To be more accurate, scribes started adding to signs or combining two signs to define the meaning. They used either geometrical patterns or another cuneiform sign. As time went by, the cuneiform got very complex and the distinction between a pictogram and syllabogram became vague.
Several symbols had too many meanings to permit clarity. Therefore, symbols were put together to indicate both the sound and the meaning of a compound. Two phonetic complements were used to define the word [u] in front of the symbol and [gu] behind.
The spoken language died out around the 18th century BC. Akkadian cuneiform[ edit ] The archaic cuneiform script was adopted by the Akkadian Empire from the 23rd century BC short chronologyand by the beginning of the Middle Bronze Age 20th century BCit had evolved into Old Assyrian cuneiform, with many modifications to Sumerian orthography.
The Semitic languages employed equivalents for many signs that were distorted or abbreviated to represent new values because the syllabic nature of the script as refined by the Sumerians was not intuitive to Semitic speakers.
At this stage, the former pictograms were reduced to a high level of abstraction, and were composed of only five basic wedge shapes: Most later adaptations of Sumerian cuneiform preserved at least some aspects of the Sumerian script.
Written Akkadian included phonetic symbols from the Sumerian syllabarytogether with logograms that were read as whole words. Many signs in the script were polyvalent, having both a syllabic and logographic meaning.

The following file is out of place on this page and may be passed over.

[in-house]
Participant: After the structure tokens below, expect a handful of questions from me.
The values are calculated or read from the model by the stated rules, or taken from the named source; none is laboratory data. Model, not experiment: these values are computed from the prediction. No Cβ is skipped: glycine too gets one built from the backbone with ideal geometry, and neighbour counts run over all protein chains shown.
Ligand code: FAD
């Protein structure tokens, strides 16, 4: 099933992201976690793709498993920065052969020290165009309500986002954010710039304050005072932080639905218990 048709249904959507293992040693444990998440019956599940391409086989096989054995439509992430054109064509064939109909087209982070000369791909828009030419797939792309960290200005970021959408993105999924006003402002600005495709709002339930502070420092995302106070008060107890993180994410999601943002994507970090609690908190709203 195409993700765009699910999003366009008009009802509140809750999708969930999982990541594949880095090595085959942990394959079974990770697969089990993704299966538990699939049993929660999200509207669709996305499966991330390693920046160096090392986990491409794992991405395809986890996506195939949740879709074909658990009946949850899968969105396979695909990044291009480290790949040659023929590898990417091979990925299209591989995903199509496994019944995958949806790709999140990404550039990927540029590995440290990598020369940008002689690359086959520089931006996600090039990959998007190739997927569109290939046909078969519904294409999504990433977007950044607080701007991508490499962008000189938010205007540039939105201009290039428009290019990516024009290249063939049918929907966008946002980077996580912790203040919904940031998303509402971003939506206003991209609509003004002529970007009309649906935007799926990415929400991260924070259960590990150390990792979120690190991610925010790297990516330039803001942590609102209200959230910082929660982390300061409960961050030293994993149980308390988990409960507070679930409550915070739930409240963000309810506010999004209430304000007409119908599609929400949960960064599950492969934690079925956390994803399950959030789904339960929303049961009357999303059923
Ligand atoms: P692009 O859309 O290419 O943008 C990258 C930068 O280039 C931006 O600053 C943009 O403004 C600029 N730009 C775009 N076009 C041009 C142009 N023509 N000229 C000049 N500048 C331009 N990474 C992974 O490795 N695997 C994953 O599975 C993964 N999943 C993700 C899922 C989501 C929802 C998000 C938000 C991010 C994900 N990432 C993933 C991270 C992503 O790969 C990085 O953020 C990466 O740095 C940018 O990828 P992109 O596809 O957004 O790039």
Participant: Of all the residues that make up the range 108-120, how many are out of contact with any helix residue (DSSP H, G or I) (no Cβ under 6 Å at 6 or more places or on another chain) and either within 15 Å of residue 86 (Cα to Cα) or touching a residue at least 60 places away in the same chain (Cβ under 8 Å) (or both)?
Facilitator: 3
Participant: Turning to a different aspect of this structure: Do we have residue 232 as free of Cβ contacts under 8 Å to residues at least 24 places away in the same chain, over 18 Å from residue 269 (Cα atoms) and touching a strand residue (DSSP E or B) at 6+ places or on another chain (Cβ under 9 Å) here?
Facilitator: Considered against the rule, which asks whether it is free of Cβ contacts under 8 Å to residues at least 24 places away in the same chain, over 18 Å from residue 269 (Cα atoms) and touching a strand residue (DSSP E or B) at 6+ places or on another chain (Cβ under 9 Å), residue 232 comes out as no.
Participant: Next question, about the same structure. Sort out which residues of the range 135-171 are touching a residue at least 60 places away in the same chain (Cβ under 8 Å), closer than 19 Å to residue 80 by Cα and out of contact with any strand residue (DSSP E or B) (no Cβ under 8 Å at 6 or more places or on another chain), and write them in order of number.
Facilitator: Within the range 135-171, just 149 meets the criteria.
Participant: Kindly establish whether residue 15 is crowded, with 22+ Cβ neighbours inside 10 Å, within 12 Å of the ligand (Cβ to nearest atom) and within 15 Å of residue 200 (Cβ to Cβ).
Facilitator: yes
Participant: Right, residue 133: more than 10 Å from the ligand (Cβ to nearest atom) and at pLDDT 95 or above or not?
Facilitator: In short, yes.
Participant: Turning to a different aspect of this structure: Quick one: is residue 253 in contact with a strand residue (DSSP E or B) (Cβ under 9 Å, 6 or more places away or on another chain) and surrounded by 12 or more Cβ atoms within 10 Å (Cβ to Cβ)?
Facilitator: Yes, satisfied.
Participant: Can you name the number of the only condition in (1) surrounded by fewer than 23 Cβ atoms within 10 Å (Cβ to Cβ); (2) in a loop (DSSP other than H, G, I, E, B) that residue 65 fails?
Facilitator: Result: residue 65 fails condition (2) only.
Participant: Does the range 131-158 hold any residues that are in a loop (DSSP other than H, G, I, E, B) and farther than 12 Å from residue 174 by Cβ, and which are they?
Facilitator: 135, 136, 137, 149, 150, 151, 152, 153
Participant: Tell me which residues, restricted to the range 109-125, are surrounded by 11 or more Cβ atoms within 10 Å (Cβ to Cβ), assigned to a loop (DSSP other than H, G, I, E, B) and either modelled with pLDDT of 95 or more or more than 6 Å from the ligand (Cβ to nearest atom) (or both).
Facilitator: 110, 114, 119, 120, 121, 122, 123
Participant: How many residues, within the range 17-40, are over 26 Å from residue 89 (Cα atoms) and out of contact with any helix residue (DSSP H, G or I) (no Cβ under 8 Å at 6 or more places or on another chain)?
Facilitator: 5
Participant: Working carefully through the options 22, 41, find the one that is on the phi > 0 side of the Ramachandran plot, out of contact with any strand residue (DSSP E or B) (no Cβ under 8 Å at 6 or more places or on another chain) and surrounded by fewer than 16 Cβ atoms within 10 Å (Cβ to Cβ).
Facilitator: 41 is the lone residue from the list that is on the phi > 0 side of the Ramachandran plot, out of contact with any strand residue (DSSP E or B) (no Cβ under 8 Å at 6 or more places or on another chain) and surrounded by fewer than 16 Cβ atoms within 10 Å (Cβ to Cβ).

The complexity of the system bears a resemblance to Old Japanesewritten in a Chinese-derived script, where some of these Sinograms were used as logograms and others as phonetic characters.
Assyrian cuneiform[ edit ] This "mixed" method of writing continued through the end of the Babylonian and Assyrian empires, although there were periods when "purism" was in fashion and there was a more marked tendency to spell out the words laboriously, in preference to using signs with a phonetic complement.
Yet even in those days, the Babylonian syllabary remained a mixture of logographic and phonemic writing. Hittite cuneiform is an adaptation of the Old Assyrian cuneiform of c.Details of the Sumerian cuneiform script, the world's oldest writing system, which was used to write Sumerian, a semitic language spoken in Mesopotamia (modern day Iraq and Syria) until about AD.
The Mesopotamian basin was the birthplace of writing.
The Cuneiform writing system developed here was the first form of communication beyond the use of pictograms. The earliest writing systems evolved independently and at roughly the same time in Egypt and Mesopotamia, but current scholarship.
Students will use a translation chart to answer simple questions in the ancient Mesopotamian writing of cuneiform. Students will experience challenge of this early form of writing first hand. Designed for middle school Social Studies. Mesopotamia- Cuneiform Decoding This printable is a worksheet for students to become familiar with the general look of cuneiform writing.
They use the cuneiform alphabet to decode the message. Write Your Name in Cuneiform In today’s Literacy, we will be looking at Cuneiform, an ancient form of writing from Mesapotamia (now Iraq). Write your name in Cuneiform – Just like a Mesapotamian!